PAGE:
- Grant a concession.
- Ask for more info.
- PROBLEM/CONCERN – flagging, does not require immediate action.
TIP 53. Here is the SEQUENCE OF ACTIONS for handling ALL ISSUES.
- Check Configuration Management Approach.
- Enter into Issue Register.
- Categorize which of three types.
- Assess severity.
- Assess priority.
- Assess impact.
- Update Report with the DECISION and again with the result of IMPLEMENTATION.
PROGRESS THEME assesses if the project stands a chance of staying desirable, achievable and viable.
A purpose is to CONTROL UNACCEPTABLE CHANGE.
TIP 54. Minimum requirements.
- Define its approach to controlling progress in the Project Identification Documentation.
- Manage by stages.
- Set tolerances and manage by exception against these tolerances.
- Review the business justification when exceptions are raised.
- Learn lessons.
TIP 55. Roles and responsibilities.
Corporate, Programme Management, or Customer
- Provides project tolerances that are in the project’s mandate.
- Provides stage tolerances.
- Makes decisions on exception plans.
Senior User and Senior Supplier
- Ensures progress consistent with their perspectives.
- Authorises work packages.
- Monitors stage progress and produces highlight reports.
- Agrees work packages with project manager.
- Produces checkpoint reports.
TIP 56. PROGRESS theme is all about CONTROL = LOGS and REPORTS.
PROJECT (PROGRESS) CONTROLS are updated in Managing Stage Boundary process.
TIP 57. PROGRESS CONTROLS can be of two types – EVENT-driven and TIME-driven.
- Baselines: Project Plan, Stage Plan, Exception Plan, Work Package.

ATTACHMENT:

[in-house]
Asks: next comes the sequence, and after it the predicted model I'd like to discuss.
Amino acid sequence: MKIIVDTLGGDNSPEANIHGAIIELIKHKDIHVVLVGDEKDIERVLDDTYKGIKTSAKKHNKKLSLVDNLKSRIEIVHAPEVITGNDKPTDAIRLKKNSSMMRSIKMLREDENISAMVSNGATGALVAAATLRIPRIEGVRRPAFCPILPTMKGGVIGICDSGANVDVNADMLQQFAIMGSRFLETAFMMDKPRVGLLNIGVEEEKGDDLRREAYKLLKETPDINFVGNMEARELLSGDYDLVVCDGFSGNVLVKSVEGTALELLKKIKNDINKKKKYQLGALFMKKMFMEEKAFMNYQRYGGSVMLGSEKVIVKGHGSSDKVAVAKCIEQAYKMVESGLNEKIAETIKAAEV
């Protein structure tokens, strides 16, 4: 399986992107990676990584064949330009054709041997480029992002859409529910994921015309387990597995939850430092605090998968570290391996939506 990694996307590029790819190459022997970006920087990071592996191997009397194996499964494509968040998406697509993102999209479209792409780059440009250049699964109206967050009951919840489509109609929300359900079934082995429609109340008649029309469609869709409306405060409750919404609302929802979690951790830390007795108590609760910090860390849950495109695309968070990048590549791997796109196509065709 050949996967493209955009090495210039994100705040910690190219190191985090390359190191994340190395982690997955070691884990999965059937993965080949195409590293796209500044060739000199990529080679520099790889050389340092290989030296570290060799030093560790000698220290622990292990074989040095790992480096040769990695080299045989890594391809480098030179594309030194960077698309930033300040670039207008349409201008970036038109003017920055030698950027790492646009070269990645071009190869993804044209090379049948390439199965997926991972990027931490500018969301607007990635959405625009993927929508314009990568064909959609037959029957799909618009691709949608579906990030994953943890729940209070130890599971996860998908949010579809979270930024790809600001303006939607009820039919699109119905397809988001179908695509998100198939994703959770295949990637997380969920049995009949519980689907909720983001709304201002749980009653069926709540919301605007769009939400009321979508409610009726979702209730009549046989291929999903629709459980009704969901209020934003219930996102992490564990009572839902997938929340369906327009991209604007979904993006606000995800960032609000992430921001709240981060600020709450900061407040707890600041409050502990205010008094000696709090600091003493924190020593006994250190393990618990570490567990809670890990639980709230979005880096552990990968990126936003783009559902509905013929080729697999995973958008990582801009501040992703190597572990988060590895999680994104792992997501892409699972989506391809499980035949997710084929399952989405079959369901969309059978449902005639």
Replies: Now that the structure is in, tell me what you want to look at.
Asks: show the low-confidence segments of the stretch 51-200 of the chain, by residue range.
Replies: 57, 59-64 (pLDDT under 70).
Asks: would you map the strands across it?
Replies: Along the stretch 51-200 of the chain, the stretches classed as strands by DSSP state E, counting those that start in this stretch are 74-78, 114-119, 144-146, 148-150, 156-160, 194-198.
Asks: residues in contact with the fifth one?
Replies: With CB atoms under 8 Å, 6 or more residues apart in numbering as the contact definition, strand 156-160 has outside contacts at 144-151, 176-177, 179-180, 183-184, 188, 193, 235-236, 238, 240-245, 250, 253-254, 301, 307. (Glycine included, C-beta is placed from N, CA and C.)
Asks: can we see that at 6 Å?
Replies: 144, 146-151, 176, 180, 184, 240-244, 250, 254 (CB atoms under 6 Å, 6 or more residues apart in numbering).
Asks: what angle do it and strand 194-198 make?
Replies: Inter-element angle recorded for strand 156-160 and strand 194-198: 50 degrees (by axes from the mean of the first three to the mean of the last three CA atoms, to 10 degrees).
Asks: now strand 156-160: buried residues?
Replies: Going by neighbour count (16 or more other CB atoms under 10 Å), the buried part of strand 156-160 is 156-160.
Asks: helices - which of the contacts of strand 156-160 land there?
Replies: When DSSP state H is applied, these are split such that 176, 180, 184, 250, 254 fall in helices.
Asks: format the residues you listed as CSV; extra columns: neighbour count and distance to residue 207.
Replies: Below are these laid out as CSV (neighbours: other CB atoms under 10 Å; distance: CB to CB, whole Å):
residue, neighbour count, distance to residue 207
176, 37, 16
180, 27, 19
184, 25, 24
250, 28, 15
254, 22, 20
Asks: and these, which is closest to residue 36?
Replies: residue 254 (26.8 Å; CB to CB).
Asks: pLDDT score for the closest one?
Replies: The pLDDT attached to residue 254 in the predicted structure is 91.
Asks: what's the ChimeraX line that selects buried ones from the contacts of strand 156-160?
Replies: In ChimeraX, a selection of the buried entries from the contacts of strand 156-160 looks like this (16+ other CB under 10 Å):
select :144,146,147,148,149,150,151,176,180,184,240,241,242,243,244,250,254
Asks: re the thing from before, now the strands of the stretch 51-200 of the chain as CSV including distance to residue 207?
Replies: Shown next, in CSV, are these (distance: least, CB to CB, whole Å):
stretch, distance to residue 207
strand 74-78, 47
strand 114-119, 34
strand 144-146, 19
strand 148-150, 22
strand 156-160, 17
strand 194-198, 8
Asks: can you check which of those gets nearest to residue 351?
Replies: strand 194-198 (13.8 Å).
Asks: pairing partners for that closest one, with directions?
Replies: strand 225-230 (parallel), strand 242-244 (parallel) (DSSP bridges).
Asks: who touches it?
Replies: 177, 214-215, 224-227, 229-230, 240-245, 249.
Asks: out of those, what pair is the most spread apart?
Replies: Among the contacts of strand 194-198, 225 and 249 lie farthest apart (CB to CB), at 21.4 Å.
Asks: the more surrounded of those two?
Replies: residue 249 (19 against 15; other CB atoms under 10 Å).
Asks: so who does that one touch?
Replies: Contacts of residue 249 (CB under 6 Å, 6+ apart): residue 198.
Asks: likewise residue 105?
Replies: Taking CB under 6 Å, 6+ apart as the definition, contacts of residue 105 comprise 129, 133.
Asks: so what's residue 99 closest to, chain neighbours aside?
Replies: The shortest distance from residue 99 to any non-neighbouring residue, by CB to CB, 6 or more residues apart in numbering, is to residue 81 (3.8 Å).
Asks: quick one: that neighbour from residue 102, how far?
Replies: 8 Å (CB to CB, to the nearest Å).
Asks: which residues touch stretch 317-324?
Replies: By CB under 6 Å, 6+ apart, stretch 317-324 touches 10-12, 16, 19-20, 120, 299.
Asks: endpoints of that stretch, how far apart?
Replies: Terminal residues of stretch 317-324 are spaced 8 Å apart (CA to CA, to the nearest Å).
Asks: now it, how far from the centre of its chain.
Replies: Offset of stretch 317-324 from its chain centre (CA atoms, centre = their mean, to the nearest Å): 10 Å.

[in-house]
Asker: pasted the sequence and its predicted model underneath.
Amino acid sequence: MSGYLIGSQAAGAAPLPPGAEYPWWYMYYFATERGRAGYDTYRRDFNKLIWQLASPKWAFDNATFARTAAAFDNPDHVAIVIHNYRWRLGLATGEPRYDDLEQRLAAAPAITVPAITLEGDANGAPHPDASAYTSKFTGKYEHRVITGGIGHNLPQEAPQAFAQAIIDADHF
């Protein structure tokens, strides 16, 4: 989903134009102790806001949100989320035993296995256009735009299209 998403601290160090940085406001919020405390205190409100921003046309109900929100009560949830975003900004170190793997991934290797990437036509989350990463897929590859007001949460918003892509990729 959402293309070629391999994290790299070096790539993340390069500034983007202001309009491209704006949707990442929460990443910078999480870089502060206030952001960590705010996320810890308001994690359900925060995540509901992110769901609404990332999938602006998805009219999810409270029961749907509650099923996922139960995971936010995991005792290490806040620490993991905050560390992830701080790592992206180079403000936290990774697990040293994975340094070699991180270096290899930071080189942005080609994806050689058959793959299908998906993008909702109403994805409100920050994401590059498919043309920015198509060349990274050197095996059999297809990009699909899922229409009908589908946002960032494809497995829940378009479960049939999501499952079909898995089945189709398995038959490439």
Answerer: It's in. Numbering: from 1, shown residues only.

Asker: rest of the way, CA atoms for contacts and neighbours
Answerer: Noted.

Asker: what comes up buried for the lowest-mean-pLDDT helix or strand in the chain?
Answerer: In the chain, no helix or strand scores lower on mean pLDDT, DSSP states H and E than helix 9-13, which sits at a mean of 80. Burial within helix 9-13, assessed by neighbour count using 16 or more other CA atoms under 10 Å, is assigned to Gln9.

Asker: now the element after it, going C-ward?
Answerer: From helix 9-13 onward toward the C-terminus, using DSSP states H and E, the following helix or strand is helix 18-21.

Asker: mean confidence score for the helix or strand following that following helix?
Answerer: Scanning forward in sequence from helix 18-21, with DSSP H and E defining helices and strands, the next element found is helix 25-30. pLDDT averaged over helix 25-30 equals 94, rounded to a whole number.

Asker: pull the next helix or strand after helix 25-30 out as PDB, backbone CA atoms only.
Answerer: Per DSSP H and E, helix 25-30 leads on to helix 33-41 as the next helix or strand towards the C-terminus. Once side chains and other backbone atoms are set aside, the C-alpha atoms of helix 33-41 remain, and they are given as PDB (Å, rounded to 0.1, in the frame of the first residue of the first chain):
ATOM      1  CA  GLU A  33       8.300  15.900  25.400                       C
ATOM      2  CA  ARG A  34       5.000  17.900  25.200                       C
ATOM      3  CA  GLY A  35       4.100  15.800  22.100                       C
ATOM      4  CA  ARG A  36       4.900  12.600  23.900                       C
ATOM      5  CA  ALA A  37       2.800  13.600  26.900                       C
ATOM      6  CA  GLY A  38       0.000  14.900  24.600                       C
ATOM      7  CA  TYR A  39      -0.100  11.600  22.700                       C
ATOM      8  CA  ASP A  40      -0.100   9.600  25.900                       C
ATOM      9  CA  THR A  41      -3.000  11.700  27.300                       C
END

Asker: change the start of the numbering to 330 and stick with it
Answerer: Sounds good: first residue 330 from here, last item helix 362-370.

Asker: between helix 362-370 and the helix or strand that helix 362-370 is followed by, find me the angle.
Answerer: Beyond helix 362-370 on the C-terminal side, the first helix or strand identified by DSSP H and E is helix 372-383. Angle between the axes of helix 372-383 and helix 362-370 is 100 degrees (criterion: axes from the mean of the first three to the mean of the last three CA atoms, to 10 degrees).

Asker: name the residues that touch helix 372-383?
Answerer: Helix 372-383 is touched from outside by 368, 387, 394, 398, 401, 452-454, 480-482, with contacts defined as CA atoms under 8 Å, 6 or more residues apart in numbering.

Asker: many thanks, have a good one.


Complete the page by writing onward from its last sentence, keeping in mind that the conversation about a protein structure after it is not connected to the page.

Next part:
- Reviewing progress: Issue Register, Risk Register, Quality Register, Product Status Account, Daily Log
- Capturing/reporting lessons: Lessons Log, Lessons Report.
- Reporting progress: Checkpoint Report, Highlight Report, End Stage Report, End Project Report.
TIP 58. “EXCEPTION” means “TOLERANCE”.
Exception is a threat of deviation in excess of tolerance levels.
TIP 59. ESCALATION can also be predicated on an ISSUE REPORT rather than on an additional EXCEPTION REPORT.
The Executive has the discretion of going into an exception on the strengh of an issue report. This decision can save time and help to keep the project on track.
TIP 60. EXCEPTION PLAN is produced by the Project Manager ONLY on request from the Executive.
The Executive has various options for dealing with issues. For example, by adjusting tolerances. Creating an exception is typically not the first choice, it’s more like the last resort.
Preparing an exception plan without a request will infringe on the Excutive’s authority to decide on the preferable response.
TIP 61. Management by exception (a PRINCE2 principle) is expedited by setting the tolerances for SIX key performance areas (targets), at each level in the Organisation.
- Time, Cost, Quality – delivered to required specifications, on time and within budget.
- Scope, Benefits, Risk – TRADE-OFF aspects.
||Work Package level
PROCESSES ENSURE YOU’RE FLYING THE PROJECT BY THE BOOK. AND NOT BY THE SEAT OF YOUR PANTS.
TIP 62. The Starting Up a Project process (pre-project) is triggered by the project mandate.
At the end of Starting Up a Project process, the Project Manager sends to the Board (Executive) a request to authorize the Initiating a Project process together with the plan for the Initiation Stage.